Or maybe that is not entirely true. There's something about the name on the head stock of an instrument that I simply cannot quite move past. Too much cool-aid I guess. IOW, I'd still be more likely to buy a custom shop model, or even a good quality production run unit than a boutique item, no matter the apparent quality difference(s), assuming there were differences to perceive. Is that a weakness, loyalty, or simply stubbornness. Regrettably, or perhaps fortunately, I'll never know for sure. I will say this however, call it art, or simply craftsmanship, Leo's original work at least, will always stand at the head of the Strat/Tele type line for me. If I'm blinded by the reality/absurdity of an actual brand name - then so be it...

73

Leo's original work at least, will always stand at the head of the Strat/Tele type line for me.

Well...Leo's name is on the headstock. And with his Henry Ford instinct and intentions, Leo made it happen. But we sometimes give him too much individual credit for the instruments. During development of the Telecaster, he was a kind of funnel for ideas and design elements borrowed from others (like Paul Bigsby). In a way, he was the one who got to a workable and saleable format for a notion whose time had come, and which was already floating around.

The Tele proved to be the right idea at the right time, but without Don Randall (who, besides being Sales, Marketing, and Organization in the early years - not to mention naming the Esquire, Telecaster, Stratocaster, and Precision Bass) - who knows whether Fender would today be The Icon or just a footnote.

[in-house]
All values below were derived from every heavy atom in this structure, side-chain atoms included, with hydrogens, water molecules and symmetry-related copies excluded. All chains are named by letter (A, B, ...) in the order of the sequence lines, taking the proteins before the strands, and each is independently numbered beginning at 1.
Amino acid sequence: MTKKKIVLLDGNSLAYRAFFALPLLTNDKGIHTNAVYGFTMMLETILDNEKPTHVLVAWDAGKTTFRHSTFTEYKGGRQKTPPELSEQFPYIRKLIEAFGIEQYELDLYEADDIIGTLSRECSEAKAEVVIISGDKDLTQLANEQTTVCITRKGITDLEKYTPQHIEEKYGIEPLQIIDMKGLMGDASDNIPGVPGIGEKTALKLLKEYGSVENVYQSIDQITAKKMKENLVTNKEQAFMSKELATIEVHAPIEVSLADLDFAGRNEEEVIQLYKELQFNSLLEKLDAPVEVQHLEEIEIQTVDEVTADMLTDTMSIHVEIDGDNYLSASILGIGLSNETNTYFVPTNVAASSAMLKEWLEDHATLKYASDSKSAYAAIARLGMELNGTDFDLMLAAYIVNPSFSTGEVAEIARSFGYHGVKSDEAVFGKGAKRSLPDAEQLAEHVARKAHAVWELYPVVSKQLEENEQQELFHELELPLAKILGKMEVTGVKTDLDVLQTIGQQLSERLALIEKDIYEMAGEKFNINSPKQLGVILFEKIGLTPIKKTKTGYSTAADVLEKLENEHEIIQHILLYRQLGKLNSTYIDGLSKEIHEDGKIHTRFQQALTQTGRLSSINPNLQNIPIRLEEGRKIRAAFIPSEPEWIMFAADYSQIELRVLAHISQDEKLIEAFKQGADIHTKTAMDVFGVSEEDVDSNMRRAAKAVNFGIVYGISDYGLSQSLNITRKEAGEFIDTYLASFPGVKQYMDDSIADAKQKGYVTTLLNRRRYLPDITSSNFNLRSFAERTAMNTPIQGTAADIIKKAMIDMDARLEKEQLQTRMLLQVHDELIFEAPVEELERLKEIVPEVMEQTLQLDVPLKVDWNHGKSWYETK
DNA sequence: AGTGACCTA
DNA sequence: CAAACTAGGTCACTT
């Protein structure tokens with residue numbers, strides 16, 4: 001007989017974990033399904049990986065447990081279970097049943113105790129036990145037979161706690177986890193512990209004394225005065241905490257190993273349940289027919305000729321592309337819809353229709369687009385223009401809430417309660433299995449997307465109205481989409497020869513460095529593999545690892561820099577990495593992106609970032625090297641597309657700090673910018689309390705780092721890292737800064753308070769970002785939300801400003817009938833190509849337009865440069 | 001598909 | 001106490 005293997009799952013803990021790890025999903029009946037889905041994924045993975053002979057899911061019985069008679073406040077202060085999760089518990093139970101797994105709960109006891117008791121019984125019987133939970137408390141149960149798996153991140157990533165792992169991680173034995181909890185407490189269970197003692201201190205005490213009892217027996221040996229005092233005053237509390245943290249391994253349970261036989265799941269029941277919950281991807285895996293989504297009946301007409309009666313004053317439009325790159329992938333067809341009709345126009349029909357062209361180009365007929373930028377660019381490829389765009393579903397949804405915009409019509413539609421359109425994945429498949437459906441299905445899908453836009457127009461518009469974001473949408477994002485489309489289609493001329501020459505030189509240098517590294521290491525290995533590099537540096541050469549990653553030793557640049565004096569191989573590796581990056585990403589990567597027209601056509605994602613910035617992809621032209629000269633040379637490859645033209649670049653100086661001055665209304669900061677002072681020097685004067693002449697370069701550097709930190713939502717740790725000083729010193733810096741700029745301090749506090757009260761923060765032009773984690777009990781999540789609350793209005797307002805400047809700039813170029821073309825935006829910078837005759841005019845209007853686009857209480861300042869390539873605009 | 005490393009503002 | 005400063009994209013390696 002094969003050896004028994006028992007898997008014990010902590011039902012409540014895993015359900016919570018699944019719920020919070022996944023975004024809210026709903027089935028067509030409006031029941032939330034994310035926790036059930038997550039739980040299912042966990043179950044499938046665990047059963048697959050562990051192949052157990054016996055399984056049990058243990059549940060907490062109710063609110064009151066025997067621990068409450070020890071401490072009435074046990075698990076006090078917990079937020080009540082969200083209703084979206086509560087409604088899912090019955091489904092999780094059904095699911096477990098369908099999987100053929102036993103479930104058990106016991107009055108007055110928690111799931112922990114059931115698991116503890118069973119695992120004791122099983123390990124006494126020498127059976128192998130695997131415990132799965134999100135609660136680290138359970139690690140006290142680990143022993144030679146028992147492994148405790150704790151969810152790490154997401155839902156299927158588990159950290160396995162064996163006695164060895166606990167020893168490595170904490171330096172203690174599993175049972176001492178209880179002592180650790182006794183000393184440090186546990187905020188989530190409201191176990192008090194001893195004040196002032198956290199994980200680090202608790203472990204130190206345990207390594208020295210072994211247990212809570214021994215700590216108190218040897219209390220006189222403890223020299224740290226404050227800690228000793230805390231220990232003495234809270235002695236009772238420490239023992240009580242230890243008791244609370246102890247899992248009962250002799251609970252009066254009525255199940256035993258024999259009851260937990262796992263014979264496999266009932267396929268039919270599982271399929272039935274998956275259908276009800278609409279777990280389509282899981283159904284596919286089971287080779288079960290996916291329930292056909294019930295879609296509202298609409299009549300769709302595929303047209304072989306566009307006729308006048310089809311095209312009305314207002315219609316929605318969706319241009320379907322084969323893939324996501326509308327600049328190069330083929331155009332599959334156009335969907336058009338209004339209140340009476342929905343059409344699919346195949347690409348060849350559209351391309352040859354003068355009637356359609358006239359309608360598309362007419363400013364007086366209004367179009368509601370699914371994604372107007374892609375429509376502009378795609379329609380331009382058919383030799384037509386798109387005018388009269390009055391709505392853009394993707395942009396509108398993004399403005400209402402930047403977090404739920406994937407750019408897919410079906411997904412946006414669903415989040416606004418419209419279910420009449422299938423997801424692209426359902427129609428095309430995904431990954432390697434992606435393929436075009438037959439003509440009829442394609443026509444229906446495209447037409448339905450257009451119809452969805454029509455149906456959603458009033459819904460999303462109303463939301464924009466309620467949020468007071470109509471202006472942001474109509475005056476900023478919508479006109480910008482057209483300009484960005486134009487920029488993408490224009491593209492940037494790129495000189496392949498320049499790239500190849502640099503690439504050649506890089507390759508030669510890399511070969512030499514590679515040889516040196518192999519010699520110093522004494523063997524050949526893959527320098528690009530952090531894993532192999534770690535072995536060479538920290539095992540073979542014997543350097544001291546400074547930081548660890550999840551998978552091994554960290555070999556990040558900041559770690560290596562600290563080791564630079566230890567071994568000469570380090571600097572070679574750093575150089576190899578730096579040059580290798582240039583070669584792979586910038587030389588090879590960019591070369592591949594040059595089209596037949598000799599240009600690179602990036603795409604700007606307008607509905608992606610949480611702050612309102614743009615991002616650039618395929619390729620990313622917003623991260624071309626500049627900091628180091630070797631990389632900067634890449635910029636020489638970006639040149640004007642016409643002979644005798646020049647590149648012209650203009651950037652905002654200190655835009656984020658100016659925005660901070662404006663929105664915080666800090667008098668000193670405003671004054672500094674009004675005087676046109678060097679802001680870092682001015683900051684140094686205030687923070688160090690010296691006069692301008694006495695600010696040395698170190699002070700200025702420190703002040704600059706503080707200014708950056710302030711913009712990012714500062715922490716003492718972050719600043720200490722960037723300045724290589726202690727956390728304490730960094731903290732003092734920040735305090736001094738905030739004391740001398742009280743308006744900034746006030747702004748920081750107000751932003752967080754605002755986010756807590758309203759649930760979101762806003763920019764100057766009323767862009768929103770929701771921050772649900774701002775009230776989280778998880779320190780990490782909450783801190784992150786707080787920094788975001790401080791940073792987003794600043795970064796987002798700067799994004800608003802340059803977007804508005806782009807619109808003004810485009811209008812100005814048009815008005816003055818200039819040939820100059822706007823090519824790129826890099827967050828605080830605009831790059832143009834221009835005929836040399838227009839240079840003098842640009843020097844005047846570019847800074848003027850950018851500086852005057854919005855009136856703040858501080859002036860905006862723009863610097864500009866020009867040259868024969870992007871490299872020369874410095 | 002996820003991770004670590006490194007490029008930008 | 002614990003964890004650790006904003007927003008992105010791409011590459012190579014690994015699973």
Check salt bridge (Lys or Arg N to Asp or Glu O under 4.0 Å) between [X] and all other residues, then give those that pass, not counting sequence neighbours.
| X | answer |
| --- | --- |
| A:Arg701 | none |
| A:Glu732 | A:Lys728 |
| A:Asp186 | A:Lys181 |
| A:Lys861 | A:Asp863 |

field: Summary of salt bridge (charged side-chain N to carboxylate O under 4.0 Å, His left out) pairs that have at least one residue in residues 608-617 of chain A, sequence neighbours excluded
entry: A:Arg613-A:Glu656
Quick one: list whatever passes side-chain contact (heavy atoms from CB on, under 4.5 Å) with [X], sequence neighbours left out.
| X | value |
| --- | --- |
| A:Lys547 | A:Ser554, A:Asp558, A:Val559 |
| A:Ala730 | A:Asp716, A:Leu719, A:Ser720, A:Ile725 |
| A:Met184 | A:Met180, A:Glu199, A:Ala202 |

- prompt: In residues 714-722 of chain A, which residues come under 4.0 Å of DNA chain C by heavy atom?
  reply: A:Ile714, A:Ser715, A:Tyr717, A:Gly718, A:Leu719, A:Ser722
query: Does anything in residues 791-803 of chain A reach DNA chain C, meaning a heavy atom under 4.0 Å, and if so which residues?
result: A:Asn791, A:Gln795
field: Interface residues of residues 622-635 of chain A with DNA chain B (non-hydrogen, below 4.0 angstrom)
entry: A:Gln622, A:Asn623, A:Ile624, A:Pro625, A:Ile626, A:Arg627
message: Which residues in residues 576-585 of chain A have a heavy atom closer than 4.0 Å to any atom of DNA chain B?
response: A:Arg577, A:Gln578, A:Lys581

Unless I misunderstand the history, Leo himself had less to do personally with the Strat, which owed more to the work of Freddie Tavares, Bill Carson, and George Fullerton. I guess, like Harley Earl at GM - who got credit for everything a team of designers worked on - Leo called shots and made final decisions. Obviously, full credit for that. Ain't knockin' the Leo.

Just pointing out that when we're appraising genius, insight, foresight, the force of originality, and the uncanny rightness of the designs...it was a group and not one guy who was responsible.

But for that work - and for the unbroken (though occasionally weakened and, by now, diluted) chain of ownership and management that goes back to 1946, and the fact that we have never not been able to buy Fender guitars - I do kinda feel like my Fenders ought to be Fenders.

I've read summaries of Fender's legal loss of trademark protection for its body shapes, and while I understand the company was lax about defending its interests in those designs for decades - and so has lost the legal right to claim them - I think the statement that those shapes are now "generic" for electric guitars and basses is ludicrous. We know there was nothing that looked (or, in the case of the Strat and P-Bass) worked like that before Fender introduced them. In my mind, the shapes as well as the headstocks are Fender's "intellectual" property - certainly the crown jewels.